By William C. Vantuono, Editor
Russia. China. Japan. France. Britain. Belgium. Germany. Spain. Italy. Taiwan. South Korea. The first two countries are the newest additions to the high speed rail club, which many in the U.S. have been wanting to join. Yes, we’ve got our own version of a high speed train, Amtrak’s Acela Express. But compared to the 200-mph-plus trains that rocket across other corners of the globe, our present service is, well, a beginning.
“The United States is a developing country in terms of rail,” Siemens Transportation Systems senior official Ansgar Brockmeyer told The New York Times last month, while riding Russia’s first true high speed train, the Sapsan. Developing country? Us, the United States of America, the nation that went, in the space of about a decade, from catapulting one astronaut into a 15-minute suborbital flight on top of a modified ballistic missile to landing 12 of them on the moon using purpose-built spacecraft during six missions and returning them safely to the earth?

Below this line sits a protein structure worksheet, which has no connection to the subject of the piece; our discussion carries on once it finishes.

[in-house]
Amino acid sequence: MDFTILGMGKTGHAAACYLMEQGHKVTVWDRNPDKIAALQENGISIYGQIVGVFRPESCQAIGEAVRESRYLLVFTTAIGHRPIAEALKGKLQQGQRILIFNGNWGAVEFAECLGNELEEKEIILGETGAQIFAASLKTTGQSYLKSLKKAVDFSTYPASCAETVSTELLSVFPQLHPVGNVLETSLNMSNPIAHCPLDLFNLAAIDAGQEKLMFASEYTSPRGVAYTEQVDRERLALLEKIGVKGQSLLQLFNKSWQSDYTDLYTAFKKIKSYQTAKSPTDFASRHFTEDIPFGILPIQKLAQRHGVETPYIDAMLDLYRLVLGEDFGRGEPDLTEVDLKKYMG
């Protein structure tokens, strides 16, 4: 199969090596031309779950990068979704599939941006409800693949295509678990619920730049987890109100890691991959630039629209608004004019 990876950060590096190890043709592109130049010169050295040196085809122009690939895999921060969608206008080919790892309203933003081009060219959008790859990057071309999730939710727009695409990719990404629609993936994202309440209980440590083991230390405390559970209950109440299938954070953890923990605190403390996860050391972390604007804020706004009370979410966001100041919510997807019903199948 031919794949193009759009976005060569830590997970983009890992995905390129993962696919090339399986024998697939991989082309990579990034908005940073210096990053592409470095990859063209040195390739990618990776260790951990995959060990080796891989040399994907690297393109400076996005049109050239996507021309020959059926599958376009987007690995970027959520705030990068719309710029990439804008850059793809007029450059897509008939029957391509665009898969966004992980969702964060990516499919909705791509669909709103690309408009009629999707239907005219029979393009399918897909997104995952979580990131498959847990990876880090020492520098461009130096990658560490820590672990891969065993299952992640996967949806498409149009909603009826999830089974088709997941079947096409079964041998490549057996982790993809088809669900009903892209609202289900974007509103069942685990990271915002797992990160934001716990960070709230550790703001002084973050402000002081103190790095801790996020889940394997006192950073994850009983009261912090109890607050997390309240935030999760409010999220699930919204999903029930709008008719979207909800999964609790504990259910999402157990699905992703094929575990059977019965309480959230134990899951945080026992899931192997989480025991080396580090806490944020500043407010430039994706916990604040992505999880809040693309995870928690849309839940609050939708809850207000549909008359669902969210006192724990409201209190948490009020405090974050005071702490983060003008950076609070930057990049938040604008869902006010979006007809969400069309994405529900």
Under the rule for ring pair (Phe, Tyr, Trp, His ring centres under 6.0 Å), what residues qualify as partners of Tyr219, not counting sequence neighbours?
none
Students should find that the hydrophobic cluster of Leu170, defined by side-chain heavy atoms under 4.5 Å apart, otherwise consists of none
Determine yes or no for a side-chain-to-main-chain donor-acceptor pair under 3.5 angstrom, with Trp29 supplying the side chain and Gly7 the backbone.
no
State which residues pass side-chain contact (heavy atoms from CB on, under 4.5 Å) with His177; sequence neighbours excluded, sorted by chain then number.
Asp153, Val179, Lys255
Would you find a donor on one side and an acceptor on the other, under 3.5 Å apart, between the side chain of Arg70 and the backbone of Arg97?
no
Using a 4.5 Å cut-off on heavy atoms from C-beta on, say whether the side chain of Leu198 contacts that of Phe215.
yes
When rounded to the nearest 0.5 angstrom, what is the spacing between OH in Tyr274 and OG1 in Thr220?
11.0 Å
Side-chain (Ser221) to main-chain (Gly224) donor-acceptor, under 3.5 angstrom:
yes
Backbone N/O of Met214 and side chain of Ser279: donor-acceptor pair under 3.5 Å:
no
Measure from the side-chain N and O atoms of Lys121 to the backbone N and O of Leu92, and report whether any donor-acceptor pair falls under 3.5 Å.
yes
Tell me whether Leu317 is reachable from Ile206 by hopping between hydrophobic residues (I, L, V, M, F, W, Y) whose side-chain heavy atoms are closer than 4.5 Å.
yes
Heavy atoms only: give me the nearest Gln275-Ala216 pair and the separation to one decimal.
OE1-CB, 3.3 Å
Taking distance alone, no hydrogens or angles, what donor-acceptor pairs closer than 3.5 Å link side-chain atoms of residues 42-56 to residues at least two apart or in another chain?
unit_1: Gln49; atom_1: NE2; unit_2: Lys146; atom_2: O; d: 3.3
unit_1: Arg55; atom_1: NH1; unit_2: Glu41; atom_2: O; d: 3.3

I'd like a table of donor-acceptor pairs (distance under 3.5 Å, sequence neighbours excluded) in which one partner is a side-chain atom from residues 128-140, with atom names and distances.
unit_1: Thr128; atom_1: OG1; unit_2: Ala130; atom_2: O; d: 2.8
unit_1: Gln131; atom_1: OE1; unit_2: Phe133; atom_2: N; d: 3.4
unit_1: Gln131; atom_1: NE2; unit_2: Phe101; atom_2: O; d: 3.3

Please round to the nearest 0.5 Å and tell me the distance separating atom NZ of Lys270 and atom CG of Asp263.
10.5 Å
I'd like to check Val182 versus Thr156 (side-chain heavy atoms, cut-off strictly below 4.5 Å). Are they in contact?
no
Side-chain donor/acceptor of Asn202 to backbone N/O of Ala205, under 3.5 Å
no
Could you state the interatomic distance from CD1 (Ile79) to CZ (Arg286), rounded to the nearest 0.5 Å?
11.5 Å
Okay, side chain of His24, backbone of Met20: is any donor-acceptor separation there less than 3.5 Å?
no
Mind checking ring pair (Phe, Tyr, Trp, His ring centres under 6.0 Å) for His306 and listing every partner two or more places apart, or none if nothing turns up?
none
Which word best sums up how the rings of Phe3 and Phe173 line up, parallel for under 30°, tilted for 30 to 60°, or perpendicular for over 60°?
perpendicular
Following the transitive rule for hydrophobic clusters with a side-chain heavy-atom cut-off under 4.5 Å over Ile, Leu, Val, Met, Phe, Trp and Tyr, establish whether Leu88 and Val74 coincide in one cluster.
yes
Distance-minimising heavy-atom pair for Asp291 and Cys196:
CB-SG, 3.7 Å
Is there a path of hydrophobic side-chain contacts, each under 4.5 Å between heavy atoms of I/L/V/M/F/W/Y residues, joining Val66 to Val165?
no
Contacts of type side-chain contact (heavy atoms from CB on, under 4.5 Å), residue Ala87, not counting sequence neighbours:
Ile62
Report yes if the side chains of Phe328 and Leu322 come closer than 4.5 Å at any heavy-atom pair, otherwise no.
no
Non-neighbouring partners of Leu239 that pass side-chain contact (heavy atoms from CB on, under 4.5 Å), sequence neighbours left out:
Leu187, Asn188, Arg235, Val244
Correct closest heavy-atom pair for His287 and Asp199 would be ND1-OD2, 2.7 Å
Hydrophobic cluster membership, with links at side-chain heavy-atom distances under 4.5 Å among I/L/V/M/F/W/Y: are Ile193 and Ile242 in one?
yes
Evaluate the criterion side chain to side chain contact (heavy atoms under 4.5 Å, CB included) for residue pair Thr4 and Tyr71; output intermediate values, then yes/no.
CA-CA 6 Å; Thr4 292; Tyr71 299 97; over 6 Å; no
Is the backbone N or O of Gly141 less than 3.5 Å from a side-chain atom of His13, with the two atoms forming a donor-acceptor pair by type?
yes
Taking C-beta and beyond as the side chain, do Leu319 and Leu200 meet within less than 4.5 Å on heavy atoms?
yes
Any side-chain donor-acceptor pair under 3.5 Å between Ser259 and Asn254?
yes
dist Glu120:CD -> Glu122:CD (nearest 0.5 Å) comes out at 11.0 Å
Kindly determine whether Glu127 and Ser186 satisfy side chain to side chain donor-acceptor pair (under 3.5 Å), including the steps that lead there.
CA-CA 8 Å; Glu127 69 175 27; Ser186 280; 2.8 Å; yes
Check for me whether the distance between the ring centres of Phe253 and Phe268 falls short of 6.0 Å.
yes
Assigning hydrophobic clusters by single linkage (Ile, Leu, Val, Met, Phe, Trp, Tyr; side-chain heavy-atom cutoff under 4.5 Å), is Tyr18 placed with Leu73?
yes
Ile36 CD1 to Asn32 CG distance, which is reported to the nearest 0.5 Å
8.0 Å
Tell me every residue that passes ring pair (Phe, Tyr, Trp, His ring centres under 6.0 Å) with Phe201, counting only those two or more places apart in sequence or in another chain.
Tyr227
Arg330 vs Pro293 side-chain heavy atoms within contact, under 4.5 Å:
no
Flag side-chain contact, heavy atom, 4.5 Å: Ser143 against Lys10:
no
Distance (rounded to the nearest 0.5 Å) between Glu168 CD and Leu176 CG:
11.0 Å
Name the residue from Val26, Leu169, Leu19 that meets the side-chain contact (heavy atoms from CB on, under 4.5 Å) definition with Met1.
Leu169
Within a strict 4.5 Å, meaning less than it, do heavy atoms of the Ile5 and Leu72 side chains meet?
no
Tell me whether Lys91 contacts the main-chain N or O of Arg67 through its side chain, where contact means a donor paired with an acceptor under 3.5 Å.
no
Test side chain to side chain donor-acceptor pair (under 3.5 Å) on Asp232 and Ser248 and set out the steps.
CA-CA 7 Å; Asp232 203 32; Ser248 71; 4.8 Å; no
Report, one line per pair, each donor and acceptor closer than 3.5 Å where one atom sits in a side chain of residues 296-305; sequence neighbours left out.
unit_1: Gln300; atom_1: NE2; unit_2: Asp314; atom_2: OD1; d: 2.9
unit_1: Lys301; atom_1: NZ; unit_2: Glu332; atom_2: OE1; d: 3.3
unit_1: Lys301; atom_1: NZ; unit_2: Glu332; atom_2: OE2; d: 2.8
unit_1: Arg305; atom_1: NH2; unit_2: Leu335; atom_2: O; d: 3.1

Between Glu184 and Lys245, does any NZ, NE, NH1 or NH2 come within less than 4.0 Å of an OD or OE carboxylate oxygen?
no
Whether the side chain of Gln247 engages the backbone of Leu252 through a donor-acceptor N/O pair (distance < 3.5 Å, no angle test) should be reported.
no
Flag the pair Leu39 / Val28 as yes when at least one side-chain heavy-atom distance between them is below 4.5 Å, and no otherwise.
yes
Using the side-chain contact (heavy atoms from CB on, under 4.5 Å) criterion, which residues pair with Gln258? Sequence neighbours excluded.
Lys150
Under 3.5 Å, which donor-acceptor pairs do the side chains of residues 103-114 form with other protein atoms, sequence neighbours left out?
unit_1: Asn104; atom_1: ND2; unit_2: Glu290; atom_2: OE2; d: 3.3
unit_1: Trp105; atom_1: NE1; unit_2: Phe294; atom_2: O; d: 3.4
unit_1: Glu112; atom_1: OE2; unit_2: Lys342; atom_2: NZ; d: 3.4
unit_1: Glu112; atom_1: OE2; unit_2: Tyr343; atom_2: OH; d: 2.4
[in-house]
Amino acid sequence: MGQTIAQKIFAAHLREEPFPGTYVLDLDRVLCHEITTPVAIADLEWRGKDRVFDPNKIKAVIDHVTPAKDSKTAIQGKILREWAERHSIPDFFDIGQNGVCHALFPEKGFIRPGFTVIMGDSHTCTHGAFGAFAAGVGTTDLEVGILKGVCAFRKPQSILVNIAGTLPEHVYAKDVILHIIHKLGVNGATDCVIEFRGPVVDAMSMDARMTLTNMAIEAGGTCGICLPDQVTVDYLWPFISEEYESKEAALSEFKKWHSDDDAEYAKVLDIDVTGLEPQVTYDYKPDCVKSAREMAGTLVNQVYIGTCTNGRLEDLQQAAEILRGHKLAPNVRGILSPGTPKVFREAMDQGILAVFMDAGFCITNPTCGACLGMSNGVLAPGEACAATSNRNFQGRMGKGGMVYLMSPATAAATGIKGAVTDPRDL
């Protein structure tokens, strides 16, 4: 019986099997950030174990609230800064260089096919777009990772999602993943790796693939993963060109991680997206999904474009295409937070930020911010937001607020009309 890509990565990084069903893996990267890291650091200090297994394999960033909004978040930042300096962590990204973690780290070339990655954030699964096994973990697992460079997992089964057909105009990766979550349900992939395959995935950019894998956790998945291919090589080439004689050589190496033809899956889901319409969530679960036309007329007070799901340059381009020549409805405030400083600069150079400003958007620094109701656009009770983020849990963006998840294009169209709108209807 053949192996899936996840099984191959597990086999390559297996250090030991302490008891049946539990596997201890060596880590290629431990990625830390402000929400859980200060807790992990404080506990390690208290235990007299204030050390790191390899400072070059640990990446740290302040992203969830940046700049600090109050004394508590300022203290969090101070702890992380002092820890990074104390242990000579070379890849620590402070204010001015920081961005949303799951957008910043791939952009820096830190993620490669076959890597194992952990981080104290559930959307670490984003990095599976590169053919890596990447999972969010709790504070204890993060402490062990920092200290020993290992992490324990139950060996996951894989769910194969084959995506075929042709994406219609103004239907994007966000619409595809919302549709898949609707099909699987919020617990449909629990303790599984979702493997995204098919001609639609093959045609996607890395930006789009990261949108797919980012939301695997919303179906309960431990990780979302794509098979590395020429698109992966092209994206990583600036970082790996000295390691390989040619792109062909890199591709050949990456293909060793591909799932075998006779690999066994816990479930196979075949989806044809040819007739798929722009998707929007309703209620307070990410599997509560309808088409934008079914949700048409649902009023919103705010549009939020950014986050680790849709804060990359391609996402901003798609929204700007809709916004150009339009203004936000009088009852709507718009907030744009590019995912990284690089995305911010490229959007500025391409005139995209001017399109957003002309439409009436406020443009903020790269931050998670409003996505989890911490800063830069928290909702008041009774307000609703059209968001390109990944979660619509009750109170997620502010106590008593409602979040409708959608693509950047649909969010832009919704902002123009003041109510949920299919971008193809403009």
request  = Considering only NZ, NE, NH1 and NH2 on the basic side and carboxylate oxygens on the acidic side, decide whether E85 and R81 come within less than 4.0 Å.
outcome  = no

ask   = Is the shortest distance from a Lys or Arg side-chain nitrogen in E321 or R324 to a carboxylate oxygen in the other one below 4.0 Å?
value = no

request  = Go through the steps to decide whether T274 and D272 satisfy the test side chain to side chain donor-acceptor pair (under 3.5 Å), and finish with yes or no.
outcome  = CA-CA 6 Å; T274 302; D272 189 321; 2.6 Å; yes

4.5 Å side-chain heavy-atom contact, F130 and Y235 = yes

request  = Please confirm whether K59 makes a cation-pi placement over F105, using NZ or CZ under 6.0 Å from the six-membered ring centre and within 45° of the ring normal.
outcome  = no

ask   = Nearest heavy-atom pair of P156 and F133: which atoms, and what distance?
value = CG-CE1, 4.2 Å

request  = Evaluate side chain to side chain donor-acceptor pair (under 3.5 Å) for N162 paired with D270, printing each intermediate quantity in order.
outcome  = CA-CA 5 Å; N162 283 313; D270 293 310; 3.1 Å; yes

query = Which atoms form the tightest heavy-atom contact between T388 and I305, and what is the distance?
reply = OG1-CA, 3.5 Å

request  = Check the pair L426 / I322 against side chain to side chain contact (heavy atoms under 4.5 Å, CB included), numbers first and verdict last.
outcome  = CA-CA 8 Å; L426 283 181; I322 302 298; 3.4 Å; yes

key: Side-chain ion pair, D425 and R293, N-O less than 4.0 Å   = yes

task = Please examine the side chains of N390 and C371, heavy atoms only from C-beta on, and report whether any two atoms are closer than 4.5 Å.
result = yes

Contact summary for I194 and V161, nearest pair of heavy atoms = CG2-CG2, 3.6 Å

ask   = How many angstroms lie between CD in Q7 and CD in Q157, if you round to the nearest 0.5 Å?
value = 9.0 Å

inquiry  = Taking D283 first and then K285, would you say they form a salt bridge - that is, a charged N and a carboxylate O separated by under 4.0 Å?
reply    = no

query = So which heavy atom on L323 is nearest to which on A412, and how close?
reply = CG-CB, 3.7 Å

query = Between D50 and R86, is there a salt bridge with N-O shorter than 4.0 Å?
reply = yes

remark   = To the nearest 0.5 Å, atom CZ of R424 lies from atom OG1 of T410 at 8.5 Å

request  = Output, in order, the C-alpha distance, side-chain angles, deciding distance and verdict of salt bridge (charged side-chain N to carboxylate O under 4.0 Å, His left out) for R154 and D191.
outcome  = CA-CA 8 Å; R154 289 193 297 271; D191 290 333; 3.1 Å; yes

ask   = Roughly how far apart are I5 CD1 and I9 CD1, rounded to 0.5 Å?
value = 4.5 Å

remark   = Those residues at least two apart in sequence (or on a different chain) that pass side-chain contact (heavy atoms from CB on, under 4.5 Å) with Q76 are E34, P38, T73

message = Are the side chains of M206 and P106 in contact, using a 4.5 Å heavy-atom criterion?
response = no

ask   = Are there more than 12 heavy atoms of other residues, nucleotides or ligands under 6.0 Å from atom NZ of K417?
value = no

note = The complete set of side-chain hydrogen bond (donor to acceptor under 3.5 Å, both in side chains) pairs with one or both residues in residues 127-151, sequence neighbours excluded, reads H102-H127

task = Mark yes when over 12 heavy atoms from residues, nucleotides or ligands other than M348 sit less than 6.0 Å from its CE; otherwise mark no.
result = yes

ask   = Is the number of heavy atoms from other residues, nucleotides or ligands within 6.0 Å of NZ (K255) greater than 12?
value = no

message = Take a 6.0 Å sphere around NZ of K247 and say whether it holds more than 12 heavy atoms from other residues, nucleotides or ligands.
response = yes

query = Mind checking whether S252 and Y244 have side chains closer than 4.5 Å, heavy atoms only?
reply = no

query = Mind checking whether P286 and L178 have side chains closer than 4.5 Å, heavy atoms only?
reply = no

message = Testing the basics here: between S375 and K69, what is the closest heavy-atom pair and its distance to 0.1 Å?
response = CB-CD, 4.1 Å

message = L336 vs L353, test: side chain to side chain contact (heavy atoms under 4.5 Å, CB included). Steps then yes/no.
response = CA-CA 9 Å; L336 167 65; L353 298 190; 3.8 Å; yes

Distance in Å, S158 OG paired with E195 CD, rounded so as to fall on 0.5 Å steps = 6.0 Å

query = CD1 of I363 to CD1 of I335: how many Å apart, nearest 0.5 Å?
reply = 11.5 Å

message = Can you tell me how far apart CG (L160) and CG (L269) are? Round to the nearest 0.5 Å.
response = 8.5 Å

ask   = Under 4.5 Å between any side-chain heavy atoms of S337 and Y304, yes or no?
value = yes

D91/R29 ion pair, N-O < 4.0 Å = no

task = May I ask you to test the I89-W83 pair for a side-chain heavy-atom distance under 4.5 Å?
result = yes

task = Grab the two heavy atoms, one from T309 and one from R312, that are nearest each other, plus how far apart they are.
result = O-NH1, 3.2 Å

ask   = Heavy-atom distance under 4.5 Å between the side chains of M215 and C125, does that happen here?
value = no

I well remember the days, in the 1990s, when the major suppliers of high speed technology—Siemens, Alstom, Bombardier, and a few other companies that have since been absorbed by the “Big Three”—began declaring that high speed rail was dead here. With the exception of Acela, there was nothing to show for their time, efforts, and money except a trail of canceled projects, political opposition (or worse, apathy), and broken dreams. Opportunity lay elsewhere, they said, and they were right (see first paragraph).
But opportunity knocks once again in our third-world-of-passenger-rail nation. (Remember, we have the world’s finest freight rail system.) I’m sure the Big Three, and a few other potential players, haven’t forgotten the good old days of high hopes and nothing else, but I get the impression that this time, it’s serious business. The President of the United States is dangling an $8 billion high speed carrot, and while it won’t buy much more than a handful of upgraded freight rail corridors handling passenger trains not much faster than 110 mph, it’s a start.
High speed rail in the U.S.? I used to say, with a touch of sarcasm, “Not in my lifetime.” Perhaps I was wrong. I’d love to be wrong.